Iñupiaq grammar also includes morphological passive, antipassive, causative and applicative.

Noun Incorporation [19]

Noun incorporation is a common phenomenon in Malimiutun Iñupiaq. The first type of noun incorporation is lexical compounding. Within this subset of noun incorporation, the noun, which represents an instrument, location, or patient in relation to the verb, is attached to the front of the verb stem, creating a new intransitive verb. The second type is manipulation of case. It is argued whether this form of noun incorporation is present as noun incorporation in Iñupiaq, or "semantically transitive noun incorporation"—since with this kind of noun incorporation the verb remains transitive. The noun phrase subjects are incorporated not syntactically into the verb but rather as objects marked by the instrumental case. The third type of incorporation, manipulation of discourse structure, is supported by Mithun (1984) and argued against by Lanz (2010). See Lanz's paper for further discussion. [19] The final type of incorporation is classificatory noun incorporation, whereby a "general [noun] is incorporated into the [verb], while a more specific [noun] narrows the scope". [19] With this type of incorporation, the external noun can take on external modifiers and, like the other incorporations, the verb becomes intransitive. See Nominal Morphology (Instrumental Case, Usage of Instrumental table, row four) on this page for an example.

Switch-References [19]

Switch-references occur in dependent clauses only with third person subjects. The verb must be marked as reflexive if the third person subject of the dependent clause matches the subject of the main clause (more specifically matrix clause). [19] Compare:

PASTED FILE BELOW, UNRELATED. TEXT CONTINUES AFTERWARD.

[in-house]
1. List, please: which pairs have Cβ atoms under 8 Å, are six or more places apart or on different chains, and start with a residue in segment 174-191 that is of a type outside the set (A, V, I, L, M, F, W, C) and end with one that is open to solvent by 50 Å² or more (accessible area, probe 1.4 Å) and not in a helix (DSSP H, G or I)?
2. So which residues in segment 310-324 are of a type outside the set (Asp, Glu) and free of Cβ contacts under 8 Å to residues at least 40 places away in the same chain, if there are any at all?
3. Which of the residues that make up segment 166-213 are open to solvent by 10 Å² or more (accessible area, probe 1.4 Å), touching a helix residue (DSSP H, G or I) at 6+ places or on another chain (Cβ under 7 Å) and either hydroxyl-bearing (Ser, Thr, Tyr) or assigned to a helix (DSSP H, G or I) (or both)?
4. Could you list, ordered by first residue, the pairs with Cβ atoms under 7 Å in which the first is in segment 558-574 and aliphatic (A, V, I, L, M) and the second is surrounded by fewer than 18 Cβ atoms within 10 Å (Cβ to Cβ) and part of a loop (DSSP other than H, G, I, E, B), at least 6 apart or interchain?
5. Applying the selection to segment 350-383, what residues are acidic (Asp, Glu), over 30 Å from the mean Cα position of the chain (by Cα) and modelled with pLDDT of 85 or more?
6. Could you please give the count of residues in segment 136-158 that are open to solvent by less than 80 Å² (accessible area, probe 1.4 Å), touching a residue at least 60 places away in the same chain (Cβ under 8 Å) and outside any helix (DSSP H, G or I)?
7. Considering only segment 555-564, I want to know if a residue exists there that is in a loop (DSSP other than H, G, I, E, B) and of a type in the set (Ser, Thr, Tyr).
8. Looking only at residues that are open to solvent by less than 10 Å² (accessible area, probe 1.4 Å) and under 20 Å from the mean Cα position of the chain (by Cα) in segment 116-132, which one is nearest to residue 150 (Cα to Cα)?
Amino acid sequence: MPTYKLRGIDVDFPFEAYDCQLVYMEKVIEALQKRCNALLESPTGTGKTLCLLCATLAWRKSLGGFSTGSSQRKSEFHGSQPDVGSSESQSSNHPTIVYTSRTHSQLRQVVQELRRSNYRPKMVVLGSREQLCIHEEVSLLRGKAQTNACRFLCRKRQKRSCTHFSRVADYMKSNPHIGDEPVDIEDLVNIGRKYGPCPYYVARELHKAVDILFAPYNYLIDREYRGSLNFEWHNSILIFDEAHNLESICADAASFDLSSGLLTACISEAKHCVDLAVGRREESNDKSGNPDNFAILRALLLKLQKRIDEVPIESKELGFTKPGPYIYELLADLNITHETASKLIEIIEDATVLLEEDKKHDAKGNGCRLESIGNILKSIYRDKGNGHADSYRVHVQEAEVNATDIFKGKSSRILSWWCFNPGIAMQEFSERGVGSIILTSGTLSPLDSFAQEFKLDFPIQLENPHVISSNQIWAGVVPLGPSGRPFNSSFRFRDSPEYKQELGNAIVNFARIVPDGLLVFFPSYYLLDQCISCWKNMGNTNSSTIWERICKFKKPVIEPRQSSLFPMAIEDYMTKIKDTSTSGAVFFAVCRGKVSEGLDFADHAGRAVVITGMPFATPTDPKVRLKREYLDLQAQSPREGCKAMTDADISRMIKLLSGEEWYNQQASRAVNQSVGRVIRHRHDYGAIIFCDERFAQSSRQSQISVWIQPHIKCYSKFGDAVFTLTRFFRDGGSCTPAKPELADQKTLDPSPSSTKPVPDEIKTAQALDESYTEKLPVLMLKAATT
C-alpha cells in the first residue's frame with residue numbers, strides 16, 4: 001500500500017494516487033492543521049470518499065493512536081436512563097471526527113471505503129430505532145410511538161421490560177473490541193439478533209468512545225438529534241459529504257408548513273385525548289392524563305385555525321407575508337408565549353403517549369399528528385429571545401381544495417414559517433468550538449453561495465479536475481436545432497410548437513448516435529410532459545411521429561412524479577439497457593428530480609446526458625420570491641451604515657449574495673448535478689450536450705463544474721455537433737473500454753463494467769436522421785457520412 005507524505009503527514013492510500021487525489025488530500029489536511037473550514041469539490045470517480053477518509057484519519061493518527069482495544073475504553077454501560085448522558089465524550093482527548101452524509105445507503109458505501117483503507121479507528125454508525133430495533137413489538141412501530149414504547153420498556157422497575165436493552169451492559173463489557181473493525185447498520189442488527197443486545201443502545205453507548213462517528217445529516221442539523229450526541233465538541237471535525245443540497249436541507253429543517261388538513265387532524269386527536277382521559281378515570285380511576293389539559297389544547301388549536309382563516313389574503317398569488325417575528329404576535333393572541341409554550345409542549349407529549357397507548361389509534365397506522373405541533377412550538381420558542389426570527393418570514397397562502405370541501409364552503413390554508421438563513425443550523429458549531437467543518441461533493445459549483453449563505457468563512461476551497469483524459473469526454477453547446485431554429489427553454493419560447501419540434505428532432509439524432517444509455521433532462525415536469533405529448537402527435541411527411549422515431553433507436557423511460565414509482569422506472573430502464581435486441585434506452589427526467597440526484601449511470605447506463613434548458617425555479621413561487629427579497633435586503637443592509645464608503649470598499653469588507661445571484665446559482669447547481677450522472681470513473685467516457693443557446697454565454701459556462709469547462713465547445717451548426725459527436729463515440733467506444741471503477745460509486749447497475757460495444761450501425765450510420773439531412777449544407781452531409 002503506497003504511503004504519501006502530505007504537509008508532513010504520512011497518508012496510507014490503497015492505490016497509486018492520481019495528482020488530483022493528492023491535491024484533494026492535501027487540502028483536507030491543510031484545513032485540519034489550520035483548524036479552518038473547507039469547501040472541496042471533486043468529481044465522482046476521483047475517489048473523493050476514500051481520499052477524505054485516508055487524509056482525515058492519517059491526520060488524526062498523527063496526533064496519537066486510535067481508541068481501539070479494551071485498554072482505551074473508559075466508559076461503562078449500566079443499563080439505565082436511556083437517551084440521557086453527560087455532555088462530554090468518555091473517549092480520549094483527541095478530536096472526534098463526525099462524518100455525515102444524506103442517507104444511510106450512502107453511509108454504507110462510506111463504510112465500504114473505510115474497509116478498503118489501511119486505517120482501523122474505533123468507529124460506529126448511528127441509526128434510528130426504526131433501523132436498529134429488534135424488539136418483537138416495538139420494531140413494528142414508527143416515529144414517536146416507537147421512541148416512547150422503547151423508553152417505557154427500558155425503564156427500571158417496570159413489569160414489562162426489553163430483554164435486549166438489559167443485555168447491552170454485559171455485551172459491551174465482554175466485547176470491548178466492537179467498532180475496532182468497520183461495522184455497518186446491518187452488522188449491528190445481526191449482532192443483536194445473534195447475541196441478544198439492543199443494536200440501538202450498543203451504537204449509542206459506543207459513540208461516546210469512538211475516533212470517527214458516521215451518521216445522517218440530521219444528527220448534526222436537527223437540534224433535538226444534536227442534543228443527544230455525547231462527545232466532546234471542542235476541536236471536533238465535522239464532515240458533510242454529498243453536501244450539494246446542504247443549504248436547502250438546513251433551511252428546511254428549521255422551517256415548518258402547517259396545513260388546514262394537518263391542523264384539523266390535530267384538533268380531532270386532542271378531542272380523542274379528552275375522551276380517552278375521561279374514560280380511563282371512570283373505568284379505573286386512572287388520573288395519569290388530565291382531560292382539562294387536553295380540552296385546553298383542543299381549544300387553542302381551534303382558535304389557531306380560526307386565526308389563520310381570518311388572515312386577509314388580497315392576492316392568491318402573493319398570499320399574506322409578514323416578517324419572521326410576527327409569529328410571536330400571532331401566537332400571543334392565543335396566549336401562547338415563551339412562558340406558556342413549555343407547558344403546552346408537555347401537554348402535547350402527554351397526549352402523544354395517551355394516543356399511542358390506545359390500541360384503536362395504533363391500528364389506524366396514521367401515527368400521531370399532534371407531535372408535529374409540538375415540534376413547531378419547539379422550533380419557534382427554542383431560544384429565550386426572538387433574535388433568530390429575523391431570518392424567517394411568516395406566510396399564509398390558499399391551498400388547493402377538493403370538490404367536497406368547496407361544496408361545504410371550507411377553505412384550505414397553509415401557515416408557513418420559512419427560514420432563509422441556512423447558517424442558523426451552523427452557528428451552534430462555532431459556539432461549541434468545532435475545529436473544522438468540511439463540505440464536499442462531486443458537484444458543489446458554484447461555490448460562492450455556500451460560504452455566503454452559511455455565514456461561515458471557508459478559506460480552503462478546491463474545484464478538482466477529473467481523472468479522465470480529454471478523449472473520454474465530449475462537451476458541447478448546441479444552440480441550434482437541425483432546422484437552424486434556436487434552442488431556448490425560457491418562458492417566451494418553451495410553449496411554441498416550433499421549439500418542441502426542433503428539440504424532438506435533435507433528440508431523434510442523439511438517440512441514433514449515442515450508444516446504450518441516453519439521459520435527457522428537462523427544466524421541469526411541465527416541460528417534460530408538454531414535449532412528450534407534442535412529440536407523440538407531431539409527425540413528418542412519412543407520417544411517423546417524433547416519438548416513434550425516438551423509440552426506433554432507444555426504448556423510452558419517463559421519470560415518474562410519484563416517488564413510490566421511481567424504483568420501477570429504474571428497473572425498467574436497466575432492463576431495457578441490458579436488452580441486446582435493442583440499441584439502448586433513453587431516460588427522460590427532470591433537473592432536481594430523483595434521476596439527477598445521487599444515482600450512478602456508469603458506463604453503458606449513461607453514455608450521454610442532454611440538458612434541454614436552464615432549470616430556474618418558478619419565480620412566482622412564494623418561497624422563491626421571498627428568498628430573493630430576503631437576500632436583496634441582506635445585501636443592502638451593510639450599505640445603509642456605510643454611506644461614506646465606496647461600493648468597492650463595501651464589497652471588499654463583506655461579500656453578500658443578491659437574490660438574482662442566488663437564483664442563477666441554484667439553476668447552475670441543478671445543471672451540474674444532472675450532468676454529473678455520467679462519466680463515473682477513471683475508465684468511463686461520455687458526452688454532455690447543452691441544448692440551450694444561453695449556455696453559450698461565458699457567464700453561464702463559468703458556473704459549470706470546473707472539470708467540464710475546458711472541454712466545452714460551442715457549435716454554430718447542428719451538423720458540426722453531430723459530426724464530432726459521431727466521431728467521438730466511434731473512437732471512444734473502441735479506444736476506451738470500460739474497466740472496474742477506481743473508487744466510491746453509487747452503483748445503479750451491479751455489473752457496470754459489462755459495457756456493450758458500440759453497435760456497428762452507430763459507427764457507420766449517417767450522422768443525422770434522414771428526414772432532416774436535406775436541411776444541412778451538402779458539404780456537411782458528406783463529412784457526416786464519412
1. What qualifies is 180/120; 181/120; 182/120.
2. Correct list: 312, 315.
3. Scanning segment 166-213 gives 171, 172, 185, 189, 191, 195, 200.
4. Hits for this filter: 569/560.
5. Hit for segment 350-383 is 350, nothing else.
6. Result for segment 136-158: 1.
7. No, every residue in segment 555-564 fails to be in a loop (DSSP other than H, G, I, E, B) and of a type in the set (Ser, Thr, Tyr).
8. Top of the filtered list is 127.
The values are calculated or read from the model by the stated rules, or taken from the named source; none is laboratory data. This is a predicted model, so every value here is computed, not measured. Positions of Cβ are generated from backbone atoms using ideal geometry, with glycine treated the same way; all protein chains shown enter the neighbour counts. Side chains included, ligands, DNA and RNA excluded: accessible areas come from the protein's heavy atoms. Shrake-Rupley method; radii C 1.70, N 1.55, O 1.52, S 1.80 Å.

Switch References
Iñupiaq English English Notes
Kaakkama niġiŋaruq. [hungry- third person - reflexive - conditional] [eat- third person - indicative] When he/she got hungry, he/she ate. The verb in the matrix clause (to eat) refers to the same person because the verb in the dependent clause (To get hungry) is reflexive. Therefore a single person got hungry and ate.
Kaaŋman niġiŋaruq. [hungry- third person - non reflexive - conditional] [eat - third person - indicative] When he/she got hungry, (someone else) ate. The verb in the matrix clause (to eat) refers to a different singular person because the verb in the dependent clause (To get hungry) is non-reflexive.

Text sample

This is a sample of the Iñupiaq language of the Kivalina variety from Kivalina Reader, published in 1975.

Aaŋŋaayiña aniñiqsuq Qikiqtami. Aasii iñuguġuni. Tikiġaġmi Kivaliñiġmiḷu. Tuvaaqatiniguni Aivayuamik. Qulit atautchimik qitunġivḷutik. Itchaksrat iñuuvlutiŋ. Iḷaŋat Qitunġaisa taamna Qiñuġana.

This is the English translation, from the same source:

Aaŋŋaayiña was born in Shishmaref. He grew up in Point Hope and Kivalina. He marries Aivayuaq. They had eleven children. Six of them are alive. One of the children is Qiñuġana.